If you see someone waiting for a walk signal at a Boston intersection, you know he or she is a tourist. The rest of us do a rapid-fire speed check of oncoming traffic and gauge the risk of crossing, walk signal or not. It doesn’t work that way in most other US cities where fines for jaywalking are steep.
The jaywalking fine for Boston is laughably cheap—just $1. Even though Boston has fewer pedestrian fatalities than New York City, the fine does nothing to deter pedestrians from crossing whenever and wherever they want to.
|City (Most to least populous)||Jaywalking Fine||Pedestrian Fatalities in 2013||Fatality Rate per 100,000 People|
|New York City||$40-$100||178||2.12|
|Dallas||$50 (up to $200 with court costs)||38||3.02|
In addition, the pedestrian data above only shows fatalities by city. The National Highway Traffic Safety Administration report that was used to collect this data did not sort the data based on injuries. And Boston’s street structure, unlike that of many other major US cities, does not lend itself to high-speed travel. So while the pedestrian death-count may be low, that doesn’t necessarily translate to a low per-capital accident rate. So is Boston high on the list of non-fatal pedestrian accidents?
Surprisingly, the data to answer this question is hard to come by.
According to the Boston Globe, while the Boston Police have reported, upon request, that there are nearly 800 annual crashes that involve pedestrians, they do not report this number to the Registry of Motor Vehicles. In most Massachusetts communities, the form sent by the police to the RMV – the CRA-65 – doubles as the police accident report, though that is not the case in Boston. Boston police file their own internal reports and, not wanting to spend twice the time filling out paperwork, don’t fill out the CRA-65 at all. This leads to poor reporting methods that obscure the real data on pedestrian accidents and injuries.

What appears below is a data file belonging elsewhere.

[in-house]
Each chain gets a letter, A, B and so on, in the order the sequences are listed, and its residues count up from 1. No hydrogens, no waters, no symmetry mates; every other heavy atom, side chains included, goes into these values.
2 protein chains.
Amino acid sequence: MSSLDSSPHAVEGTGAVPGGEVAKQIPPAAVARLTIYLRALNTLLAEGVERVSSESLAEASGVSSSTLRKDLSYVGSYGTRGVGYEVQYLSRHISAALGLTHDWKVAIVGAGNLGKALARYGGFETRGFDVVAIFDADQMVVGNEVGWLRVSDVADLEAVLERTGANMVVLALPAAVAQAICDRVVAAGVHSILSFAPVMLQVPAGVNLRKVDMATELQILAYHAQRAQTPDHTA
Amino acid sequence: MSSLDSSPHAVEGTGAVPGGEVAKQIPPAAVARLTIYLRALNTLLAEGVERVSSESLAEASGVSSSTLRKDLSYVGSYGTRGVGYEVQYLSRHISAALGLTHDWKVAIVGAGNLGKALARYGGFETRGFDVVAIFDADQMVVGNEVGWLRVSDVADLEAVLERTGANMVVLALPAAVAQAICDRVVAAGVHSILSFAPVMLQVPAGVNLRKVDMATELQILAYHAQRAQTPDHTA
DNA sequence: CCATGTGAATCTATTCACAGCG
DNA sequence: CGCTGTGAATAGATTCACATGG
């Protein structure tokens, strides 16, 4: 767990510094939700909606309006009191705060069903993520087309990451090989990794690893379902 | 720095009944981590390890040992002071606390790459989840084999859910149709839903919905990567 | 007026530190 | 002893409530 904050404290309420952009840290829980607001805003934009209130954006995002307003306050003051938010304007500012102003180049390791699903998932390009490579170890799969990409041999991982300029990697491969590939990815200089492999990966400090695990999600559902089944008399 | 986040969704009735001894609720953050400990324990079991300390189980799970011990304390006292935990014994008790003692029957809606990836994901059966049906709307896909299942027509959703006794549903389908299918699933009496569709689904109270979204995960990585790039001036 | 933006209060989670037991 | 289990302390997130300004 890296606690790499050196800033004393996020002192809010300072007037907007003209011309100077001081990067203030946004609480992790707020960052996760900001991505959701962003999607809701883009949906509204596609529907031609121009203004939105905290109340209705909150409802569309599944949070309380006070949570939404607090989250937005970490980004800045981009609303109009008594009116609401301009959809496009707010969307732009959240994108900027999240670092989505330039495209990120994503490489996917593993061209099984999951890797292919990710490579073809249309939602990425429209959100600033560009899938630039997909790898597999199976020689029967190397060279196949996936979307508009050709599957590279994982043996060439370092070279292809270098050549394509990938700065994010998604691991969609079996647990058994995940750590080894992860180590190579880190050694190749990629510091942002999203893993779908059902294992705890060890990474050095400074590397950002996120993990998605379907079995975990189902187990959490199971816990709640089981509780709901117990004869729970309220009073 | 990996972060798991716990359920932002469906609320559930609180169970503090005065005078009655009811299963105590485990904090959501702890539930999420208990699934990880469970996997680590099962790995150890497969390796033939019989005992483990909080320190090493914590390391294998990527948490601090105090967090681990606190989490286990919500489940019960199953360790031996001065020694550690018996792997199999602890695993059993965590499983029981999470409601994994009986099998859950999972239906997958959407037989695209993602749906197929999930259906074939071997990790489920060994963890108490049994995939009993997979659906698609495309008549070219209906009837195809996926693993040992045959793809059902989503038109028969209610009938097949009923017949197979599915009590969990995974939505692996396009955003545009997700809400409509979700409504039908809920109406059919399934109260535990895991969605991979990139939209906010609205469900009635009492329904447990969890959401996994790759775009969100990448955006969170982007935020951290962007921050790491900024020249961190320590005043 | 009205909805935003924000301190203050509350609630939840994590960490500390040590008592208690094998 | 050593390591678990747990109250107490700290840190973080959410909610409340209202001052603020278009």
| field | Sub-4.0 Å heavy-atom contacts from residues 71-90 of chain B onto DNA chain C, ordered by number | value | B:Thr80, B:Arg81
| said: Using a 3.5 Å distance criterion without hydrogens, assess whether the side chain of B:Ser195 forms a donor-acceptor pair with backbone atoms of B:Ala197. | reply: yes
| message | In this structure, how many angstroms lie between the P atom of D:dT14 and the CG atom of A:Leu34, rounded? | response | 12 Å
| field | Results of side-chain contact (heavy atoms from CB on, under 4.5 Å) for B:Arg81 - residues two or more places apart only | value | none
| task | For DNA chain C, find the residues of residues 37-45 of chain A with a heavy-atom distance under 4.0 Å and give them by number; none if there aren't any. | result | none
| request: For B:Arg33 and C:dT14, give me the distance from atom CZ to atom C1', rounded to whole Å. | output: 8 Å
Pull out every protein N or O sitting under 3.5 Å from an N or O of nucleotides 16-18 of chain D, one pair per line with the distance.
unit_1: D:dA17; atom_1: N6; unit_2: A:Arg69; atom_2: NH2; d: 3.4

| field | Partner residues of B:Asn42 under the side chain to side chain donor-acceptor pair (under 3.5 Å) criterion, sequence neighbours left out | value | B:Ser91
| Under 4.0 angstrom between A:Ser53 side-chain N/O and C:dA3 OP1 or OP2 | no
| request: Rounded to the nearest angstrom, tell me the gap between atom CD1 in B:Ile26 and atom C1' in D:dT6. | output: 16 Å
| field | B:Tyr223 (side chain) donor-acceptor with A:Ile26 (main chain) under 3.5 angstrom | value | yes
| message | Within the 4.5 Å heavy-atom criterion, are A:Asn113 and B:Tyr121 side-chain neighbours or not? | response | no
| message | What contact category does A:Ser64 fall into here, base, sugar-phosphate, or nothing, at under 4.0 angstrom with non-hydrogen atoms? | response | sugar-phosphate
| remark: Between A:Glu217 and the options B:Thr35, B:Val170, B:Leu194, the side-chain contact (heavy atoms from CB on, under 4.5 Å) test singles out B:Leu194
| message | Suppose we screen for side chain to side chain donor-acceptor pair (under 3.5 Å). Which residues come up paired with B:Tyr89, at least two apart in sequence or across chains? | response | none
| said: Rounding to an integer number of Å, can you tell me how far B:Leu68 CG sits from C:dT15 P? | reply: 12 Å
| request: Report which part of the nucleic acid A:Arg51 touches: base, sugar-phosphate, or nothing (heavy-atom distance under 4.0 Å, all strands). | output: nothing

Though the information exists, it is not available for holistic data gathering and is therefore not on the public’s radar. The Boston Health Commission keeps data on accident location and severity under wraps in the interest of patient confidentiality.
Despite the lack of transparency, there is work being done to improve pedestrian safety in Boston. The police and Emergency Medical Services have shared their internal data with a task force created in 2014 that aims to increase safety for city walkers.
So is Boston the jaywalking capital of America? Here’s the real scary part: we don’t know. With poorly reported findings, Boston could very well have a serious pedestrian injury, fatality, and accident problem on its hands without even knowing it. And without well-documented data, necessary steps will not be taken to correct the situation.
Sabrina Chishti is a Transparency Intern at Pioneer Institute from Tufts University majoring in biology and political science.
Kevin Lawson is a Political science and economics major at Tufts University.